Kosovo, U.S. officials to discuss province's future

Days after the United Nations Security Council set aside a resolution that Russia called a hidden route to independence U.S. Secretary of State Condoleezza Rice and Kosovo officials are to discuss the breakaway province's future.

The United States and the European Union said Friday they would move the forum for deciding Kosovo's status from the security council to the Contact Group on Kosovo - which includes representatives from the U.S., Britain, France, Italy, Germany, Russia.

The U.N. Security Council resolution on Kosovo's future was set aside Friday in the face of a possible Russian veto.

The Washington talks also follow a comment by Kosovo's prime minister Agim Ceku suggesting that the province's parliament should adopt its own resolution setting Nov. 28 as a possible date for declaring independence.

Ceku will be among a group of officials and politicians from the province, including its president and the speaker of its assembly, who will meet with Rice and other U.S. officials, including national security adviser Stephen Hadley Monday.

Although Kosovo remains a province of Serbia, it has been under U.N. and NATO administration since a 78-day NATO-led air war halted a Serb crackdown on ethnic Albanian separatists in 1999.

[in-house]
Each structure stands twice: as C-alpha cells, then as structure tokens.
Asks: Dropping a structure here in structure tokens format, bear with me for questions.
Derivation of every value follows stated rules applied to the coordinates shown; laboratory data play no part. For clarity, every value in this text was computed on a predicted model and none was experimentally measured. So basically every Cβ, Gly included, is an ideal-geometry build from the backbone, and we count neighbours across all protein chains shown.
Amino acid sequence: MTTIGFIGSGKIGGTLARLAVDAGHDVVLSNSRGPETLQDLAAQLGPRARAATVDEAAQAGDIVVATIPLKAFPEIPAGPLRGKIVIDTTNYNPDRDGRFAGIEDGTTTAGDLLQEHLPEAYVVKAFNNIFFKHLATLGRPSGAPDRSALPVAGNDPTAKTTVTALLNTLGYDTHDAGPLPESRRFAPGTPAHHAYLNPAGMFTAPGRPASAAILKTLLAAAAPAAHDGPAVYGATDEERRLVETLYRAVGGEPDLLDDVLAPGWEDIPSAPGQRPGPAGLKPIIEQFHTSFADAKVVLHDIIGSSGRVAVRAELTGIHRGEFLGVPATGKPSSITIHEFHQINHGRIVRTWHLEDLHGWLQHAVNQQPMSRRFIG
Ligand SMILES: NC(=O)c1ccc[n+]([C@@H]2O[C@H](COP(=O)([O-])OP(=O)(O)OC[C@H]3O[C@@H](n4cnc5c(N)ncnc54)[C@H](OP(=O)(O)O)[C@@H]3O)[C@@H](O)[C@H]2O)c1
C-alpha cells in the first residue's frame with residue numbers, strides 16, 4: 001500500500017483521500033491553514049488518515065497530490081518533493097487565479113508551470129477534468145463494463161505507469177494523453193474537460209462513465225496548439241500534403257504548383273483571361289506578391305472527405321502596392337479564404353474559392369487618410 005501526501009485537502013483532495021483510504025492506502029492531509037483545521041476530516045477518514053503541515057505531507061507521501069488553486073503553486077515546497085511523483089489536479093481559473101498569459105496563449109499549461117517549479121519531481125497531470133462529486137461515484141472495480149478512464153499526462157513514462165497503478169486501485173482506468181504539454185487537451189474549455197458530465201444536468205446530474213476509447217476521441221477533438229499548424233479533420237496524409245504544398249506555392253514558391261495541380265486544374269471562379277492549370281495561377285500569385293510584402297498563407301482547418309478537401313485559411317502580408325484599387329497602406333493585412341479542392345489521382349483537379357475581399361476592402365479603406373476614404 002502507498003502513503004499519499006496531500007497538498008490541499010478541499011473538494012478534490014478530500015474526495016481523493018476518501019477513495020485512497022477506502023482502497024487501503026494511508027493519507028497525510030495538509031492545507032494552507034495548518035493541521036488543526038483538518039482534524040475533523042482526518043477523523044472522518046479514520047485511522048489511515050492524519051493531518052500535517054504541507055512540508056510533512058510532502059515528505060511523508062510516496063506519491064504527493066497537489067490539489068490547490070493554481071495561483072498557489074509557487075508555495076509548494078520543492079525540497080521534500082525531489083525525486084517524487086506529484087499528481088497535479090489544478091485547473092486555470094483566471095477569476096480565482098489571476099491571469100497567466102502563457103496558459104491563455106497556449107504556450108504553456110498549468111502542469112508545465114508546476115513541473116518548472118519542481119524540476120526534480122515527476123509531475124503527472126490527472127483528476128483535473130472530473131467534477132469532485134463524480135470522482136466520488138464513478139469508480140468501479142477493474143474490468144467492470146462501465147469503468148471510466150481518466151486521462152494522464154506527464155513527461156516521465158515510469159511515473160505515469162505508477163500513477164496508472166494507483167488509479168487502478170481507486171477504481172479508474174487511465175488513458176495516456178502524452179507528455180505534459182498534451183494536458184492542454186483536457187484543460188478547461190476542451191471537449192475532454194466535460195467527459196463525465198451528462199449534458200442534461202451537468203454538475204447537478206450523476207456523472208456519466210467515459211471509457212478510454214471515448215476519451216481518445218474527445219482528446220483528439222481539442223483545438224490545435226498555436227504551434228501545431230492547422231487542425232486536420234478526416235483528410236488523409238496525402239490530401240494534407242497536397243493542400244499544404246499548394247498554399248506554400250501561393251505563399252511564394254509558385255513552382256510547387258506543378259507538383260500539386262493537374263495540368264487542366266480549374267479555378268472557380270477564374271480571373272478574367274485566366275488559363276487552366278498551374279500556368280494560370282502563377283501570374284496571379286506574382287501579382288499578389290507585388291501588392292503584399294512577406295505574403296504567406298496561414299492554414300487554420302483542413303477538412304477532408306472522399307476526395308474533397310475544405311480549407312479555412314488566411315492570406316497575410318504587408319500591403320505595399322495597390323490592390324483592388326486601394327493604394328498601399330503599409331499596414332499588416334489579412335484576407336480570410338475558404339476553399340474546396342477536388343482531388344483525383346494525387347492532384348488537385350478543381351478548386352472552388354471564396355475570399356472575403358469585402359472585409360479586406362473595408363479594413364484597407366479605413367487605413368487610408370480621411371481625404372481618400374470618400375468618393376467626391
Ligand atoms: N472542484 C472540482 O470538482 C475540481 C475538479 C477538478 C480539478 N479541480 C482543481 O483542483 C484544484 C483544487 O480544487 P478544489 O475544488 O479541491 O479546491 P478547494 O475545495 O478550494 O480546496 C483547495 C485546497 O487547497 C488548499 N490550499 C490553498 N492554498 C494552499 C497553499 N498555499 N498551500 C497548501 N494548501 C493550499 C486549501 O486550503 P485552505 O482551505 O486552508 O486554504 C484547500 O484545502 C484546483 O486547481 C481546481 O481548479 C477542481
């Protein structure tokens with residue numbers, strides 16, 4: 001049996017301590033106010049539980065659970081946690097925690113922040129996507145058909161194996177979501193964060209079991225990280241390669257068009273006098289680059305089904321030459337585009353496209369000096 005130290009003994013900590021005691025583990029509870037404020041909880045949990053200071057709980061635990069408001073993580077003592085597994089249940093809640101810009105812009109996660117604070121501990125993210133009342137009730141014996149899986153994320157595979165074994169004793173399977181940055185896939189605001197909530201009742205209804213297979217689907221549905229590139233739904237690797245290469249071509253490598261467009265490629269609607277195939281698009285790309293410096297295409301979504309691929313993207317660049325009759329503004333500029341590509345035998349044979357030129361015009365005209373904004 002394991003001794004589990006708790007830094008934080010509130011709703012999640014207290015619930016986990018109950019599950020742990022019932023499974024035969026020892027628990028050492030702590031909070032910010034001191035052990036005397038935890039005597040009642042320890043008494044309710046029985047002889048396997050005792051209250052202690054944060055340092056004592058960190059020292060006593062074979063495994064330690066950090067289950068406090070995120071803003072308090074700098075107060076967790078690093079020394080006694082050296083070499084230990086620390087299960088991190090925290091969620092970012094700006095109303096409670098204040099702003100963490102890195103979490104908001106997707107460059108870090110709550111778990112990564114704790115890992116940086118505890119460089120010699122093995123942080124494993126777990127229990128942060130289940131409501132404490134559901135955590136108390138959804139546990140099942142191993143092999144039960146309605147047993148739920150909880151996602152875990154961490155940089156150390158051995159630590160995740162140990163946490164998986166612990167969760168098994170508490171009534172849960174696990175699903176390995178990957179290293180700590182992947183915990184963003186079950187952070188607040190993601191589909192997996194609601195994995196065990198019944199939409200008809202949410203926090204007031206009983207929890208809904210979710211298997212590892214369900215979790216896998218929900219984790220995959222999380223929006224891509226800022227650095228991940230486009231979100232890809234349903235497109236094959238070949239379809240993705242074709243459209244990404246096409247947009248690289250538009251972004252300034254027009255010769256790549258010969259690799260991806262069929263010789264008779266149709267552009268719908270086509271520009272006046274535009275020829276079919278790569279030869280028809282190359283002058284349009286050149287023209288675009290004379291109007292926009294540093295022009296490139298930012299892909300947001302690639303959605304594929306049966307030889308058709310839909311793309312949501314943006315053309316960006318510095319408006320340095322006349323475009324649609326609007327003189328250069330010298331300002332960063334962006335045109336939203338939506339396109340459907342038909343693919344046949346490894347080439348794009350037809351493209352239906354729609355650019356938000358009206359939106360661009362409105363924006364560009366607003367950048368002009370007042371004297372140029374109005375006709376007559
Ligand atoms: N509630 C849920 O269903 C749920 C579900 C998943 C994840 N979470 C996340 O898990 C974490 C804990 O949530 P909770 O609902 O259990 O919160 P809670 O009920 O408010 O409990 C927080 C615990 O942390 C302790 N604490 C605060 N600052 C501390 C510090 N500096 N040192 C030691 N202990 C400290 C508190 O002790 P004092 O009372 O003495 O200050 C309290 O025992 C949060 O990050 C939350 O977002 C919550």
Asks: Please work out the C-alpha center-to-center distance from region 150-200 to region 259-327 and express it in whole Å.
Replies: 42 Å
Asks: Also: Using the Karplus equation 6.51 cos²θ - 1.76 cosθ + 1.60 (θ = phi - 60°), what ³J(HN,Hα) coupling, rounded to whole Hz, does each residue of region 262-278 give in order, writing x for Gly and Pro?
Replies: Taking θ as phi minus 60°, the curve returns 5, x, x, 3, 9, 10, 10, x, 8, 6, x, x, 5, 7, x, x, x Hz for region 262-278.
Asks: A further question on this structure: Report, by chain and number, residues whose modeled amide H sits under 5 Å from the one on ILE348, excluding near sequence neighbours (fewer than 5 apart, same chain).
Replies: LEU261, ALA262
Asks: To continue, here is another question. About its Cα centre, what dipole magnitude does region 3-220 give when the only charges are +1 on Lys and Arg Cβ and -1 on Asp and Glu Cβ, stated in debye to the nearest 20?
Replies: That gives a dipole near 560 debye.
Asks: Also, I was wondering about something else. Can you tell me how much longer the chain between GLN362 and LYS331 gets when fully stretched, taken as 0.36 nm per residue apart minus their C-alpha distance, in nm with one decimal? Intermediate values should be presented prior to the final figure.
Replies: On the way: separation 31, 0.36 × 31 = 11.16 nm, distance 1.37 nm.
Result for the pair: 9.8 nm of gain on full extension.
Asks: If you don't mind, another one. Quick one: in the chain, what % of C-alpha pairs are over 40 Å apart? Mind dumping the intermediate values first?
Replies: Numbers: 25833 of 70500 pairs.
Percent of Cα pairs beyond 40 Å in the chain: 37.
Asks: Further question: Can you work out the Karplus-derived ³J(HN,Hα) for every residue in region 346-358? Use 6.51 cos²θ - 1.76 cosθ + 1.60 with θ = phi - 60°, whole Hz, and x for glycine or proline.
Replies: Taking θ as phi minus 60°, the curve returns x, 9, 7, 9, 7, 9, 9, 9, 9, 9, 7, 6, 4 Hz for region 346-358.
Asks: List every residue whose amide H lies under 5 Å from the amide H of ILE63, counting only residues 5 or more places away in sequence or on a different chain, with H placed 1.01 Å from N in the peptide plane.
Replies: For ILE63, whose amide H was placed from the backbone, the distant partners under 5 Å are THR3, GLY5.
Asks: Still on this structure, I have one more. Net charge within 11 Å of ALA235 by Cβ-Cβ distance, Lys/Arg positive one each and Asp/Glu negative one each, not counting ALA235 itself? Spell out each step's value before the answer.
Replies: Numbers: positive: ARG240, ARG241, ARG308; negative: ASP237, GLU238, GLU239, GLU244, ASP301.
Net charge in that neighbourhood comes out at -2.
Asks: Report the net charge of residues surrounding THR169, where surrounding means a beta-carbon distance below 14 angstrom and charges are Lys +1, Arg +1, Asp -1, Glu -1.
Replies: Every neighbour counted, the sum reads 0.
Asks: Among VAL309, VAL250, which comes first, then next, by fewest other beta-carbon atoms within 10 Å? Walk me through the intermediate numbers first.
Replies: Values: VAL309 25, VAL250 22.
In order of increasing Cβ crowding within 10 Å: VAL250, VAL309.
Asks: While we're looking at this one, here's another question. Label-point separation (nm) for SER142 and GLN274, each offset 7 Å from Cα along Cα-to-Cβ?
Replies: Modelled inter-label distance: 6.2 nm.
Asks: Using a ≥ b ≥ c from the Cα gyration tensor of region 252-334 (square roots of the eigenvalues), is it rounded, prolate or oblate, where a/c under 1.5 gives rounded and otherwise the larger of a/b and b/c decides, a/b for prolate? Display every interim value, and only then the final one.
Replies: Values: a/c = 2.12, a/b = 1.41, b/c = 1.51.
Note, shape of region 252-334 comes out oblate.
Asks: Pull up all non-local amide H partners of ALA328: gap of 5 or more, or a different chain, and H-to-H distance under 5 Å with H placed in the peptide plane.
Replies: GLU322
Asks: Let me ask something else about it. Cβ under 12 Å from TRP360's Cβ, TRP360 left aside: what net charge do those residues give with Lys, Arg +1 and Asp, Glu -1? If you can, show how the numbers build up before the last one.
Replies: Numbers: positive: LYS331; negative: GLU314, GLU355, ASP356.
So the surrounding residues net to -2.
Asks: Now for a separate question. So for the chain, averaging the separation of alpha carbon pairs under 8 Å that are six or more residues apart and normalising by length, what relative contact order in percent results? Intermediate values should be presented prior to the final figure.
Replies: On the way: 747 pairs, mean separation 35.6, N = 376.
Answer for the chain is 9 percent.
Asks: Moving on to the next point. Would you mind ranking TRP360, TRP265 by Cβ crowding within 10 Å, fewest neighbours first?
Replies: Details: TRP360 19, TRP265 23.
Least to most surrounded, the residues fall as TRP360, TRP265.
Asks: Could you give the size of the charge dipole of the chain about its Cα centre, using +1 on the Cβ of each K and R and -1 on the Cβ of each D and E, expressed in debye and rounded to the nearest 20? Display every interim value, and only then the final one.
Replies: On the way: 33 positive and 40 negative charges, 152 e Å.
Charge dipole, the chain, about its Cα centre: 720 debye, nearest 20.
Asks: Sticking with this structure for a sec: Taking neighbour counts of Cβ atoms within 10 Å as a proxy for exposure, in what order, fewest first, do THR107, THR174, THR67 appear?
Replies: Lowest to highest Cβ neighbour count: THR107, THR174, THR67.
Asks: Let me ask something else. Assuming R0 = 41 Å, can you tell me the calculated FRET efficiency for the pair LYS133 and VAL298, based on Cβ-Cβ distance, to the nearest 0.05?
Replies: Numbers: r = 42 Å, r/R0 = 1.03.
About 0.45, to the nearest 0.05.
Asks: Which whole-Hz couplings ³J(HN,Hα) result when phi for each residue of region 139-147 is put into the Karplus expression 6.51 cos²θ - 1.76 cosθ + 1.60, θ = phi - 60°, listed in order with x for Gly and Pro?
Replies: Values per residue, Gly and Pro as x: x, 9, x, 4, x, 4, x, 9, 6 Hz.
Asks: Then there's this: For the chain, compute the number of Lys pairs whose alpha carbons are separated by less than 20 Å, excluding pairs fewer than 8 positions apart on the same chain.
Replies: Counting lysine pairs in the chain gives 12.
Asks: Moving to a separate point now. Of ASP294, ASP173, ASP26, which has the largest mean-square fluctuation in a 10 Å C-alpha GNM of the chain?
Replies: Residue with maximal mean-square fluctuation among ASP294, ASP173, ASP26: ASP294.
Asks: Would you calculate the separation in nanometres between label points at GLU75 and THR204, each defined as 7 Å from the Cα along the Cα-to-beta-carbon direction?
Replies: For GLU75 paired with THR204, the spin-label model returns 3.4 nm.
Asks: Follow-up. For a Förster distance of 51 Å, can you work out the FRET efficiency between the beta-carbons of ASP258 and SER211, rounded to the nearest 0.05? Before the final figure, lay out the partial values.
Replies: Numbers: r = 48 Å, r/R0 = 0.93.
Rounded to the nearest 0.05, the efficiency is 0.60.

In April, the U.N.'s special envoy on Kosovo, Martti Ahtisaari, recommended Kosovo be granted internationally supervised independence.

The latest version of the resolution calls for four months of intensive negotiations between Kosovo's ethnic Albanian independence-seeking majority and the province's Serb minority, which wants to remain part of Serbia. About 90 percent of the province's 2 million residents are ethnic Albanian.

It drops an automatic route to independence if talks fail. But it would hand the administration of Kosovo from the United Nations to the European Union after 120 days, which means the EU would be the key decision-maker in the province.

Kosovo officials will likely tell Rice and Hadley that patience in Kosovo is running thin and that further delays could inflame public opinion. Moderate forces in Kosovo represented by the delegation are under pressure from more radical parties and the public to show that they will deliver independence.

U.S. officials have said that despite the delay, the Bush administration fully supports independence.

Serbia's foreign minister, Vuk Jeremic, is also scheduled to meet with Rice in Washington Thursday.